Thinking about Tomorrow

Around the office we’ve been thinking about the future.  We have a new boss, some of us will be relocating to the Library in the next year, the UMass Amherst IT strategic planning process is going full tilt, and the New Media Consortium has just released their 2015 Horizon Report.

At our most recent staff meeting, we broke open a time capsule of predictions we made in 2010, and sealed up a new batch of predictions for 2020.

Wait, 2020?

For someone who was in the last high school class to read 1984 before its date became moot, 2020 still seems impossibly far off. The dates of the science fiction from my childhood have mostly long since passed (1997, 1998, 1999, 2000, and of course 2001), so it feels like everything from here on out is up for grabs.

In addition to science fiction, there are futurist works made by corporations to show off what they think is coming (and why we should let them lead us there). Once a few years have passed, these are interesting artifacts of what we used to think would be on the horizon: typically with a strange mixture of eerie accuracy and complete misses.

One of my favorite conversation starters is this series of ads made by AT&T in 1993:


Over the years, I’ve seen more and more of what these videos predicted come true, but with significant blind spots in both technology and culture. See what you think. If you have a class or a group that is interested in discussing the future, I recommend this as a starting point to spark conversation.

Other futurist videos worth watching:

Apple’s Knowledge Navigator – a vision of future academic collaboration (1987)

Microsoft’s Future Slate – a vision of homework, social media, and entertainment (2001)

So how accurate were we?

Many of the most common tropes imagined by futurists and science fiction writers have come true. One of the most common is the ubiquity of people talking to each other from screens.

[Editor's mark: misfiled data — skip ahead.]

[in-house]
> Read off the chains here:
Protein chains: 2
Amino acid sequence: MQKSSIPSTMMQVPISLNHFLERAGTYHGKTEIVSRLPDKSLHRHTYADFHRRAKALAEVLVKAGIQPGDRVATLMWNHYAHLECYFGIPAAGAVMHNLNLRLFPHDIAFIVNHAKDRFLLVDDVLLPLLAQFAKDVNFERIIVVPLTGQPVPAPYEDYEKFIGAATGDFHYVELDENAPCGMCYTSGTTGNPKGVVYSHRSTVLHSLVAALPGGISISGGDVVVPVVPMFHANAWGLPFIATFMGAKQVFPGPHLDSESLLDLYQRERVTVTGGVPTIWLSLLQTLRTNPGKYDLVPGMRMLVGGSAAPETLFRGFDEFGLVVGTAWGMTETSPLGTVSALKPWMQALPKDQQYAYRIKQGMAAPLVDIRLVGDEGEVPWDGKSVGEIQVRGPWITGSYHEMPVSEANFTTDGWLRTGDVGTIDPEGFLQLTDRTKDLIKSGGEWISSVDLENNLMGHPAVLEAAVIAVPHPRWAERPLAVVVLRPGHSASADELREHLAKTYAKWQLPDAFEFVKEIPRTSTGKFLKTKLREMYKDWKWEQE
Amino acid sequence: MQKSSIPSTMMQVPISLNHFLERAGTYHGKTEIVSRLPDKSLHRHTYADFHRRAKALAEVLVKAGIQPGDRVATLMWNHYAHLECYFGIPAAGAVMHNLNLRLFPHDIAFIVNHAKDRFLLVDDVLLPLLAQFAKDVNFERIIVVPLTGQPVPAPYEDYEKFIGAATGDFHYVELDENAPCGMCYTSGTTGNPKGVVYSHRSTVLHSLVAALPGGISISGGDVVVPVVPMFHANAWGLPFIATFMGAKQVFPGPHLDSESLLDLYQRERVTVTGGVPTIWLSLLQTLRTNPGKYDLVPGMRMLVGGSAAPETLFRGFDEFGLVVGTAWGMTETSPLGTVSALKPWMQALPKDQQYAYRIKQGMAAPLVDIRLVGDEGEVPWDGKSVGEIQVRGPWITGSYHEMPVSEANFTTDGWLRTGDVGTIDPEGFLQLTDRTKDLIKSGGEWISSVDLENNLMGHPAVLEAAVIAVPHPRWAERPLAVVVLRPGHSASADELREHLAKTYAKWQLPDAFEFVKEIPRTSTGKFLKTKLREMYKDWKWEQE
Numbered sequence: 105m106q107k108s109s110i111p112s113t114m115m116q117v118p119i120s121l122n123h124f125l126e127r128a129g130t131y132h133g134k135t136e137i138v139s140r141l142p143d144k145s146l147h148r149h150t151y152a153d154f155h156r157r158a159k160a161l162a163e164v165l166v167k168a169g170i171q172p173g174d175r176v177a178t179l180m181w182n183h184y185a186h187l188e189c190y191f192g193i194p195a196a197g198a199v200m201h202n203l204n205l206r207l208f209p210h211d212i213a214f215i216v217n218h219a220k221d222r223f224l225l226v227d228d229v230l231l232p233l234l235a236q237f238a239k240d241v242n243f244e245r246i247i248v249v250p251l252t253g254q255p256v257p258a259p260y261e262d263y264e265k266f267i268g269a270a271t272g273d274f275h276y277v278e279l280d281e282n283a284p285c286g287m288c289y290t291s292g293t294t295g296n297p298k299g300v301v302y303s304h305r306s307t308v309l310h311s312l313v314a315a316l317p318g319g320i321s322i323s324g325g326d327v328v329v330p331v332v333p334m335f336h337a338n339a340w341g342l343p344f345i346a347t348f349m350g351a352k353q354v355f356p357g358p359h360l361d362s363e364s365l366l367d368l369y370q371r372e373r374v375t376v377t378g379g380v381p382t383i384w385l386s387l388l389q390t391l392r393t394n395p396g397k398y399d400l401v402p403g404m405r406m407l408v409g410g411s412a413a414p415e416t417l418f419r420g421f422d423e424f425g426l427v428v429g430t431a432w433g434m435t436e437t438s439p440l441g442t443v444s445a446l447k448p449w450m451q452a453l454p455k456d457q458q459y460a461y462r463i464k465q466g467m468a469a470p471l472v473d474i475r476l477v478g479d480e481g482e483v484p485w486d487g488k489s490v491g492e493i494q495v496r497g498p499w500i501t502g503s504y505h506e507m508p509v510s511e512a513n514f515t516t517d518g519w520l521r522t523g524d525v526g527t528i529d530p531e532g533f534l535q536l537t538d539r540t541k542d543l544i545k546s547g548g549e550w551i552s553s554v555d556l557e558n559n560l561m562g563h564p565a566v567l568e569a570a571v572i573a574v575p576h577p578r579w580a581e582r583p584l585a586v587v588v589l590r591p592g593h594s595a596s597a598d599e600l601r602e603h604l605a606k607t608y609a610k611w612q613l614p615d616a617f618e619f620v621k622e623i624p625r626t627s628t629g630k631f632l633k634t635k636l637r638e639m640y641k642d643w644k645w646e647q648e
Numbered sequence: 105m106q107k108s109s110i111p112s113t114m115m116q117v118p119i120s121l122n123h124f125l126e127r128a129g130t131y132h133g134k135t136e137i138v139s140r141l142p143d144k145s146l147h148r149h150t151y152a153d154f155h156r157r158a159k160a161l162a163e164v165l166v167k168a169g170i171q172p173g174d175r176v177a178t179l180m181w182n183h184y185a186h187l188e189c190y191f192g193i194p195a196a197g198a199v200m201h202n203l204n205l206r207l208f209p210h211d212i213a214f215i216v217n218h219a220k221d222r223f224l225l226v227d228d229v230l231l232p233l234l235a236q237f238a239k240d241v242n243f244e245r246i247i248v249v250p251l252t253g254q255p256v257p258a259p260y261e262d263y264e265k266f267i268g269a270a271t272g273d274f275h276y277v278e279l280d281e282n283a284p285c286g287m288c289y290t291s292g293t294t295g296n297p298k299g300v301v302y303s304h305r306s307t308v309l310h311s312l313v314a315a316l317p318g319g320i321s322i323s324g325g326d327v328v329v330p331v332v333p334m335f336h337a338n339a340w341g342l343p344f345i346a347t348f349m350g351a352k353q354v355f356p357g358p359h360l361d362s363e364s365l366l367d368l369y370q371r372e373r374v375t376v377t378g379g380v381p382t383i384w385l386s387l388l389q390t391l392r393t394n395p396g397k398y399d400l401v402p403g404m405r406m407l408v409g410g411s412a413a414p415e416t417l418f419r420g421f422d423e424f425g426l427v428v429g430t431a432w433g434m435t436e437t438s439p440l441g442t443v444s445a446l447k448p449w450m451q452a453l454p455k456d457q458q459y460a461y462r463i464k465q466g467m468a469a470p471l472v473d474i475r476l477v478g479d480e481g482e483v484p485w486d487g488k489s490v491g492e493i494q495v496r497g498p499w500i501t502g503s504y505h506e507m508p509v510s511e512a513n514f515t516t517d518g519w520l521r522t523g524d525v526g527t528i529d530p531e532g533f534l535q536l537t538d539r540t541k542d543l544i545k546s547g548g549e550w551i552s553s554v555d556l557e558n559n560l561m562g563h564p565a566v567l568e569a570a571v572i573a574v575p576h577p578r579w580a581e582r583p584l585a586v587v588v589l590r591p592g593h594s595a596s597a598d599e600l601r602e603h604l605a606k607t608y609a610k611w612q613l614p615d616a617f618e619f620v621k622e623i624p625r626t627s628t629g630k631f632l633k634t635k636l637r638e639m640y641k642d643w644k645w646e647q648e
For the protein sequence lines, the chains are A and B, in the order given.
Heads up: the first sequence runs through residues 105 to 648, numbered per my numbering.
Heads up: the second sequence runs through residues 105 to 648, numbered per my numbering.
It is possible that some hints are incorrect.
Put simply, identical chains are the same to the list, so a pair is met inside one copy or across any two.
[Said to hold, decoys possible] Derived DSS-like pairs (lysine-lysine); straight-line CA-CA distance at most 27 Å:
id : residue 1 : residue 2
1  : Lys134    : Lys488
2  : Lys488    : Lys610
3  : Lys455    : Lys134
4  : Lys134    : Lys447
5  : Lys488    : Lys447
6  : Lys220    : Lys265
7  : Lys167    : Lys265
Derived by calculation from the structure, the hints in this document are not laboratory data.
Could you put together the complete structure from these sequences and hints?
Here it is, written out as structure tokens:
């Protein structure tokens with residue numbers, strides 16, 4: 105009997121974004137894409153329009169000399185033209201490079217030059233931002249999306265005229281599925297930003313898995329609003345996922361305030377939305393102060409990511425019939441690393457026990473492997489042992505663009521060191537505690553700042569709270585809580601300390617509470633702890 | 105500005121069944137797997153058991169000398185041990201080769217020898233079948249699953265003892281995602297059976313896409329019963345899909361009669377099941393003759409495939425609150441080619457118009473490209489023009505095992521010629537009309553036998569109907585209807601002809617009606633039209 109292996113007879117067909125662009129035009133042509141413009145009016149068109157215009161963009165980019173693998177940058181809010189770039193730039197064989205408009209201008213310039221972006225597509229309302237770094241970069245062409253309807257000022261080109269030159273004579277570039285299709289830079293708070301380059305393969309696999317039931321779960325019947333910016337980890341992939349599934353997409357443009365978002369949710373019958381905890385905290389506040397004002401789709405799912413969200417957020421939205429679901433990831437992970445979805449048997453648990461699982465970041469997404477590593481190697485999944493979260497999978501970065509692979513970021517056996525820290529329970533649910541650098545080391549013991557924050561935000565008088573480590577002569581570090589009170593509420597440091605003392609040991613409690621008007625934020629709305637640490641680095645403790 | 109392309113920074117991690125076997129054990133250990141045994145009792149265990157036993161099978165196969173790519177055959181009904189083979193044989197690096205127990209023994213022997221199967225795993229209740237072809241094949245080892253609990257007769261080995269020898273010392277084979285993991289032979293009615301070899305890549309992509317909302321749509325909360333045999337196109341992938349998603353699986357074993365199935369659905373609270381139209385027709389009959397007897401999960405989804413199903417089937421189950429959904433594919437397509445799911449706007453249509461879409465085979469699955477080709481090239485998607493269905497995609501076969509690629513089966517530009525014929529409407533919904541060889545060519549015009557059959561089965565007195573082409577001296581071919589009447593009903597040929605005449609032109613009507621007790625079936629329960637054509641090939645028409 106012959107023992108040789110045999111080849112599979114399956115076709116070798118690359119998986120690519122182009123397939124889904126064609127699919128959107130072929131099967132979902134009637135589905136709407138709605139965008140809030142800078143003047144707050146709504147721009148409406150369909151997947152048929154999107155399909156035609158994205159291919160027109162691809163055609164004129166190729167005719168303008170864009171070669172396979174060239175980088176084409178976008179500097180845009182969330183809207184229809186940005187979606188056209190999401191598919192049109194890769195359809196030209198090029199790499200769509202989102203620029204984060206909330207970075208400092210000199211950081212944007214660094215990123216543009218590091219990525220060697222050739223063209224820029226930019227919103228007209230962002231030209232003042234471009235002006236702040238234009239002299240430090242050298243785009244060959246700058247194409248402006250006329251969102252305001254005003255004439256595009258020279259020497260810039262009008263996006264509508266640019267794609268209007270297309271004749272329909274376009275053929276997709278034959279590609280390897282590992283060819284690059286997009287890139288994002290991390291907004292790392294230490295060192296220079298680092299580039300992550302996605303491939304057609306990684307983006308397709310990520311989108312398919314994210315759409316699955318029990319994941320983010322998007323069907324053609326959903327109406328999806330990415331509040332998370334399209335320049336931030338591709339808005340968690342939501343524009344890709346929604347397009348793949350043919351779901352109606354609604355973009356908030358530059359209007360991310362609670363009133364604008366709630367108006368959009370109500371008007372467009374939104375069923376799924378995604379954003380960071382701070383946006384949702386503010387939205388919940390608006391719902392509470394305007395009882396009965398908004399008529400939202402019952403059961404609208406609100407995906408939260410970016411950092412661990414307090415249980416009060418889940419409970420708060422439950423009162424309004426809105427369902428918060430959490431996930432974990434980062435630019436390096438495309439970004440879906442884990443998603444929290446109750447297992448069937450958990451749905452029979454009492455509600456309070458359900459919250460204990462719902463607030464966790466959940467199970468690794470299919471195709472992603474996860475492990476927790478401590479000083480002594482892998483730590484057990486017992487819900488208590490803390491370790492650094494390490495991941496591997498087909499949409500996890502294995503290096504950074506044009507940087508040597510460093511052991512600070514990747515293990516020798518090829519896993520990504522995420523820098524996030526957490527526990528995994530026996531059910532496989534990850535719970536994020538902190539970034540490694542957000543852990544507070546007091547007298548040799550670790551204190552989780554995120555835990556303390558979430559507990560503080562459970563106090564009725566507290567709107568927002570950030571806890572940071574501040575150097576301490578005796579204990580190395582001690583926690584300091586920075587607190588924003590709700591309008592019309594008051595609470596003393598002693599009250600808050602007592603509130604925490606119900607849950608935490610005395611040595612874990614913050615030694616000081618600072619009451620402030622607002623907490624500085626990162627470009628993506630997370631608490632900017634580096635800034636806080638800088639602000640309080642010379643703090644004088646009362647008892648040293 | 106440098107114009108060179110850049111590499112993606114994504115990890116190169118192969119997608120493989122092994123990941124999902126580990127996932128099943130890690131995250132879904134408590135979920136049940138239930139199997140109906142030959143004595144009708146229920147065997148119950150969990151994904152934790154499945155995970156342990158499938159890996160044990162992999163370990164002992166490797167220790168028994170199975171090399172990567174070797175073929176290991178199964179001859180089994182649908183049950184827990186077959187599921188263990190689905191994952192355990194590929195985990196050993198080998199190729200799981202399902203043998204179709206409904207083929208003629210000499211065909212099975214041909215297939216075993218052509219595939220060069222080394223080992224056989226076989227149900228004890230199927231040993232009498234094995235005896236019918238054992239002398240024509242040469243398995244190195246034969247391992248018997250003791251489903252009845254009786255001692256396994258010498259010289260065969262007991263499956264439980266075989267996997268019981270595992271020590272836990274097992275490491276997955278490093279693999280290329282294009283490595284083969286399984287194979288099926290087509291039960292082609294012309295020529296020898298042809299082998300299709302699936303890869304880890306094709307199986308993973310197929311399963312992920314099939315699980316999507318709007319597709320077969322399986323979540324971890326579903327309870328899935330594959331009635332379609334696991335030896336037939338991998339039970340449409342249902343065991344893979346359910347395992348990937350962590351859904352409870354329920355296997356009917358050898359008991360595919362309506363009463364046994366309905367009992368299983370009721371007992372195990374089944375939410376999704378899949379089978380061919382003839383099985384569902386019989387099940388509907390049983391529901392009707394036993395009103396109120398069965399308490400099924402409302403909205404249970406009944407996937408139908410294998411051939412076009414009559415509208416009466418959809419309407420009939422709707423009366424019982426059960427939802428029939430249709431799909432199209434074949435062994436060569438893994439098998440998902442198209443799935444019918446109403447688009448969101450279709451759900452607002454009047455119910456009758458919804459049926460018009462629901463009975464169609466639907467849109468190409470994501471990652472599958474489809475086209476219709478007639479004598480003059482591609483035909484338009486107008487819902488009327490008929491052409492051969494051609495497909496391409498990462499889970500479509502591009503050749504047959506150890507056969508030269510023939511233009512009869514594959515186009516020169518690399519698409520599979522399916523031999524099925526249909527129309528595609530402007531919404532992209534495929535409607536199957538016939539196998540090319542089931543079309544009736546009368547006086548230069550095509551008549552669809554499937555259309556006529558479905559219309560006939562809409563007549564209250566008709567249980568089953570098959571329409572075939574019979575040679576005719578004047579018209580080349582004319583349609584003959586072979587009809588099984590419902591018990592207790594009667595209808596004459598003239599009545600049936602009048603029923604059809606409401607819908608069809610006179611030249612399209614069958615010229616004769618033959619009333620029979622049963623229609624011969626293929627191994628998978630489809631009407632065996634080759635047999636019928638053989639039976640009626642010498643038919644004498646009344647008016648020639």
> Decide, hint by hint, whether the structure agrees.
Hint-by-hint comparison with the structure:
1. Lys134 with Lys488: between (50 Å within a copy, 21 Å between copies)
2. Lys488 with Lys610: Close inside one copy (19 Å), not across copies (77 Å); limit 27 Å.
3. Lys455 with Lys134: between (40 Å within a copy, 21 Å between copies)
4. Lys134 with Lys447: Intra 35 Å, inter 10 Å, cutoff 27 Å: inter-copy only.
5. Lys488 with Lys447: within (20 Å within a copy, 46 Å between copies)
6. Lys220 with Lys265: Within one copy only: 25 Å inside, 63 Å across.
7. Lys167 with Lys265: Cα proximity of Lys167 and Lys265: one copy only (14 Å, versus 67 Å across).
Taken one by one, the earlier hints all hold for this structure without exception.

Metropolis, 1927

As you can see from the above clip, we have consistently thought that we would be talking to each other through screens (although this did not stop me from jumping a bit the first time someone on a screen actually saw and spoke to me). Yet there are other things that no one seemed to see coming, such as the incredibly tiny, powerful computers in everyone’s pockets. There are also things that seem to be always just beyond reach, such as the ever elusive flying car.

Selections from our own 2010 time capsule predictions:

  • Ebooks would take off
  • iPad knockoffs will proliferate
  • Twitter would die off, replaced by something new
  • Home-based solar power would be common
  • Computers, televisions, and the Internet would converge
  • Facebook would be used for teaching
  • Smartphones would be in use in the classroom
  • Broadband Internet would finally come to the hill towns

For an office that needs to help prepare the university for what is coming next, these exercises are useful. Some trends and predictions are likely to come true no matter what we do, so by being aware of them, we can help prepare a response. Others are not likely to come true without effort, so by thinking about what we want to have happen, we can take action to shape the next steps.

The Horizon Report

For educational technology predictions, the Horizon Report is the the go-to resource. The New Media Consortium and the Educause Learning Initiative (ELI) have produced the report every year since 2004. While the report has its critics, it is widely read in higher education leadership circles. This makes it a good source of common vocabulary, no matter its apparent accuracy.

In my next post, I will dive into what the 2015 Horizon Report thinks 2020 will bring. In the meantime, here are summaries of the key predictions from the 2010 Horizon Report on where they thought we would be by now:


Key Trends:

  • The role of the University will be transformed by the widespread availability of resources and relationships on the Internet
  • People will expect to work and learn whenever and wherever they want.
  • Technologies will increasingly be cloud-based
  • Student work and learning will become more collaborative


Critical Challenges:

  • The changing role of the academy
  • The emergence of new forms of scholarly publishing and research
  • Increasing importance of Digital literacy across disciplines
  • Shrinking budgets will cause institutions to focus on key goals


Technologies to watch:

  • Mobile Computing will be widespread
  • Open Content will reach the mainstream
  • Electronic Books will see an upswing of acceptance
  • Augmented Reality will be in use for education
  • Gesture-based computer interfaces will be common
  • Visual data analysis will improve access to complex data